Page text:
The United States offers the TN Visa as a nonimmigrant work visa for Canadian and Mexican citizens. Canadian citizens are eligible to apply for a TN Visa directly at the Port of Entry to the Customs and Border Protection (CBP) when seeking entry to the US.
The application process is quite straightforward. Applicants will be required to attend an interview with one or more CBP officials. If the interview is successful, you will be granted entry to the US on a TN Visa. However, if it is not successful, then you will be denied entry to the US.
Therefore, it is best to prepare in advance if you plan to apply for a TN Visa at the port of entry.
How Can You Prepare for the Customs and Border Protection (CBP) Interview At a Port of Entry?
Decide Where to Apply
While all US ports of entry are capable of processing your request for a TN Visa, they come in different forms:
Land border covers entering the US by land from the Canadian or Mexican border. This is the most common and straightforward way to apply as officials at the US-Canada port of entry are more familiar with this “walk-up” application process compared to those at the southern border. Currently, the land borders are open to TN Visa applicants as it is considered an essential work visa.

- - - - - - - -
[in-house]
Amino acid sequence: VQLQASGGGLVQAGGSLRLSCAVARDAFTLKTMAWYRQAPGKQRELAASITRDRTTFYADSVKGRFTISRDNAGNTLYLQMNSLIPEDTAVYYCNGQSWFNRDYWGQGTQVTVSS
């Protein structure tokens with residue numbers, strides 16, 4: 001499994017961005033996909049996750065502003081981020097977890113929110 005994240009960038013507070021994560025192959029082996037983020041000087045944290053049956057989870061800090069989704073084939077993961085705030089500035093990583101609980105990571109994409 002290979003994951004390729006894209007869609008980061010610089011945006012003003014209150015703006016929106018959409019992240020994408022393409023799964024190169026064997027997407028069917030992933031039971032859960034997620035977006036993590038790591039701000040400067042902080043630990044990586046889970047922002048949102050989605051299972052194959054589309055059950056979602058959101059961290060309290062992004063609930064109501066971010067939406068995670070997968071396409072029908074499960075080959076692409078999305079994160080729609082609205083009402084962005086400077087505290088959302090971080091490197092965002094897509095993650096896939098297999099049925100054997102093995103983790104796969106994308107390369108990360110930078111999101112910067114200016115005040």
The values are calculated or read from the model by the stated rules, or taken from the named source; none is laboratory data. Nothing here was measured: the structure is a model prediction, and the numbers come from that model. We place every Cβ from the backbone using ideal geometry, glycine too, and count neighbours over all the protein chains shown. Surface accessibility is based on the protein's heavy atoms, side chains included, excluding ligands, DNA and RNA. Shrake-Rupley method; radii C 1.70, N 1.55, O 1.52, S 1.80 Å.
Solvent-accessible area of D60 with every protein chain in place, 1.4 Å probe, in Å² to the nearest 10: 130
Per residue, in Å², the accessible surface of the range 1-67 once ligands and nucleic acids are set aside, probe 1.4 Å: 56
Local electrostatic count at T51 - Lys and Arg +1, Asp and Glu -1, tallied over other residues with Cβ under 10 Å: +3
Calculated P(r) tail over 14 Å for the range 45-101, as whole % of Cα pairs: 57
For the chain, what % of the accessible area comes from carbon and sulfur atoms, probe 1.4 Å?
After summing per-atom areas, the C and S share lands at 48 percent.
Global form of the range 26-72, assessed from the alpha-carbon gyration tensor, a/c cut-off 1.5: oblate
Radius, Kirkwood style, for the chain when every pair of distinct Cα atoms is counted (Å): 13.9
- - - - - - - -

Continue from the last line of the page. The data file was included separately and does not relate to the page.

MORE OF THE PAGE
It is when you apply for the TN Visa before you physically reach the US. There are several pre-clearance facilities available in Canada and around the world to clear US immigration and customs at the airport before boarding a flight to the US.
First Port of Entry:
It is when you apply for the TN Visa at the first port of entry after physically reaching the US. This is usually the case when you do not travel via a land border or get pre-clearance at the airport.
These ports receive fewer TN applications, so the experience might be inconsistent. If your flight includes layovers, then you must apply for your TN Visa at your first arrival airport in the US.
For example, if your flight goes from London to Chicago and to Denver, you will apply for your TN Visa at the Chicago airport when you first arrive in the US.